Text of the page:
Officials punished for hospital fatality
Updated: 2011-09-05 06:45
By Yang Yijun (China Daily)
SHANGHAI - Two senior hospital executives were punished after six medical staff members fled during a fire and left a patient who was undergoing surgery to suffocate.
Chen Aidong, vice-president of the Shanghai Third People's Hospital Affiliated to the School of Medicine of Shanghai Jiaotong University, formerly known as Baogang Hospital, was removed from his post, as he was in charge of the hospital's fire protection.
Fang Yong, president of the hospital, received an administrative warning, the Xinhua News Agency reported on Saturday.
The six medical staff - two doctors, two anesthesiologists and two nurses - have not been punished yet.
On Aug 24, a fire broke out at about 9:45 pm in an operating room at the hospital when a 49-year-old patient surnamed Zhu was undergoing an amputation after a traffic accident. The medical staff members fled, leaving the patient, who was under general anesthesia, to die from suffocation.
An investigation panel, composed of the authorities responsible for public security, fire protection and public health, said that the fire was caused by a weakness in the hospital's fire protection system and an absence of emergency protocols in special areas including operating rooms, which led to the medical workers' responses.
The fire started in an ozone sterilizer in one of the operating rooms. A nurse tried to put out the fire with an extinguisher but failed.
The fire caused a power outage, which disabled the electric brake on the operating table.
The doctors left the operating room to find firefighters to rescue the patient after they found that the respirator, which can operate for about 30 minutes during a blackout using standby power, was functioning normally.
The firefighters arrived in about five minutes and took another 25 minutes to extinguish the fire.
The Shanghai Public Health Bureau said that it would have been dangerous to transfer the patient and replace his respirator with simple breathing equipment.
However, Tang Jianli, a lawyer with the Shanghai Haida Law Office, who is experienced in medical disputes, argued that doctors should not flee and abandon a patient.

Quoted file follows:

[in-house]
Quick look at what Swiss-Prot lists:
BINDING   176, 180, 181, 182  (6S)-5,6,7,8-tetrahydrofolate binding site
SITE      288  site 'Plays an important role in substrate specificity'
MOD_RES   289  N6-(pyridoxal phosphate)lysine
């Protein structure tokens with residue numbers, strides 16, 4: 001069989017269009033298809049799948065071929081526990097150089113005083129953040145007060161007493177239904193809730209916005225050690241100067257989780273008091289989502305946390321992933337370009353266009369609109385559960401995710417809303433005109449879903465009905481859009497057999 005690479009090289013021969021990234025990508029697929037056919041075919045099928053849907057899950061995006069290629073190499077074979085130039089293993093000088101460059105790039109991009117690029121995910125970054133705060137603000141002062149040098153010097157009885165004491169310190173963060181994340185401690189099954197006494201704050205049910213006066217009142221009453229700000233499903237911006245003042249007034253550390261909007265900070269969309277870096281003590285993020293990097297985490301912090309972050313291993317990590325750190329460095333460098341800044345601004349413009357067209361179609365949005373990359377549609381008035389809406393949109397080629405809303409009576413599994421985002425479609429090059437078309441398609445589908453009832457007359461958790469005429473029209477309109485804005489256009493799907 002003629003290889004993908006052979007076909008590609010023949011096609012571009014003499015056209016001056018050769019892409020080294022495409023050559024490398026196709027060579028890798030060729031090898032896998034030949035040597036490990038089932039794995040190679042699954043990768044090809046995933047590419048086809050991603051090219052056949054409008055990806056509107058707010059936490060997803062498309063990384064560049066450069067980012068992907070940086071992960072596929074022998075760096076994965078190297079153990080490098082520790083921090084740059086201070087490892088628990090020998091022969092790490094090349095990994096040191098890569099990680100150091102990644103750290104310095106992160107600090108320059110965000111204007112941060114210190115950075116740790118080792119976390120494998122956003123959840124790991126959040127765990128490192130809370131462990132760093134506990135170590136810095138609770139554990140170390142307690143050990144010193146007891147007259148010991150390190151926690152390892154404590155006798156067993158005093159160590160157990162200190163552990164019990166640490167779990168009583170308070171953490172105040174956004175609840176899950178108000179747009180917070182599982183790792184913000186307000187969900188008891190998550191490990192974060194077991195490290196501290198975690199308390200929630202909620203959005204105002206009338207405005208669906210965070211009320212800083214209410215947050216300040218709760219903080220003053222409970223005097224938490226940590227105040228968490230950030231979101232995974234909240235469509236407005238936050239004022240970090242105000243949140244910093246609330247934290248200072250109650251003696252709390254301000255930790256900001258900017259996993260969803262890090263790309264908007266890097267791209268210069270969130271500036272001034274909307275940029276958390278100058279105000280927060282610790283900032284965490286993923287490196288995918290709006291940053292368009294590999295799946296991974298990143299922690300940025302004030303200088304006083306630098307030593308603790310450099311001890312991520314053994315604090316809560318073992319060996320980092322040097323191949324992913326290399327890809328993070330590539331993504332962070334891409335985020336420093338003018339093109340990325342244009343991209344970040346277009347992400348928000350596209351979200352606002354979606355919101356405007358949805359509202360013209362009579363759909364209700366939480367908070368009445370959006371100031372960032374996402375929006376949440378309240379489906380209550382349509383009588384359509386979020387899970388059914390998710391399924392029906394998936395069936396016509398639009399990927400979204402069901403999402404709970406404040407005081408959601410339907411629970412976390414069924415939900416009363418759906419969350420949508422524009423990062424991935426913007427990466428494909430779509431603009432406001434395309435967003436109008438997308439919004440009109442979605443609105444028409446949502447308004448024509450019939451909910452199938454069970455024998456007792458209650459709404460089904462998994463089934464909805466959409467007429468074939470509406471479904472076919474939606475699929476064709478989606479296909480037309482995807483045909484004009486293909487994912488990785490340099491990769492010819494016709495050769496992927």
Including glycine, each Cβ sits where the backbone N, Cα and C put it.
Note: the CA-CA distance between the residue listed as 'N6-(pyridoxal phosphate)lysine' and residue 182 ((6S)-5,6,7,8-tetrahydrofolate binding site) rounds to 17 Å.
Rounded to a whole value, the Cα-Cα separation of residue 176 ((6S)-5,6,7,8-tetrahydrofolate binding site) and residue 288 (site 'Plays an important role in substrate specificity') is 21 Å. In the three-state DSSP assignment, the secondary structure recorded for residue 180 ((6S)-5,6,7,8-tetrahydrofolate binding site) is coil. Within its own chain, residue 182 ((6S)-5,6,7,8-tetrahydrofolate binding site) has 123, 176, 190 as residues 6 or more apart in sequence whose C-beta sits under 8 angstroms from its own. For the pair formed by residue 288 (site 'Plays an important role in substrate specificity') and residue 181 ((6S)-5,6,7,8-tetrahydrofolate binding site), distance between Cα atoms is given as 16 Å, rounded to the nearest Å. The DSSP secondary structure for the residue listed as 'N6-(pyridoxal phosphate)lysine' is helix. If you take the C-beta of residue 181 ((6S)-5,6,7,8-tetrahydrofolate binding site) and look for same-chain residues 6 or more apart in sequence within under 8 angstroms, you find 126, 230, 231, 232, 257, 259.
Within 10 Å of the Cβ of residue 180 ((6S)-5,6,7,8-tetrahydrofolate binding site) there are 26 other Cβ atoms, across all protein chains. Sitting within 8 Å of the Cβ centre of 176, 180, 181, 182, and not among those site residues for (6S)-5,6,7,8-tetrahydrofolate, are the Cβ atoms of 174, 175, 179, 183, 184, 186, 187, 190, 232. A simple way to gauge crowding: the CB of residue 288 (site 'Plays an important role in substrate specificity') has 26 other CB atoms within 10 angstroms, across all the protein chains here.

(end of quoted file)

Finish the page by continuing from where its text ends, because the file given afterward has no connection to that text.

"Even if the operating table is locked, there is always a bed with wheels and simple breathing equipment in every operating room, with which doctors can transfer the patient out of the room within minutes," Tang said.
"Whatever effort they made would have been much better than just leaving him alone in the operating room. The patient could hardly survive in that situation," he said.
Hong Daode, a professor at the China University of Political Science and Law, told China National Radio that it should be up to the public security authorities investigating the incident to determine if the medical workers had committed the crime of a medical accident or negligent homicide.
But Hong said that the victim's family could institute proceedings to gain compensation from the six medical workers as well as the hospital.
While the incident aroused heated discussion and wide criticism of the medical workers, the victim's cousin, who declined to be identified, told China Newsweek: "We can't expect every doctor to be a hero. How can they treat patients when they cannot guarantee their own safety?"
The Shanghai medical and public health system will have fire drills and launch a general inspection of certain areas in hospitals including operating rooms, intensive care units and emergency rooms to prevent similar incidents.
(China Daily 09/05/2011 page5)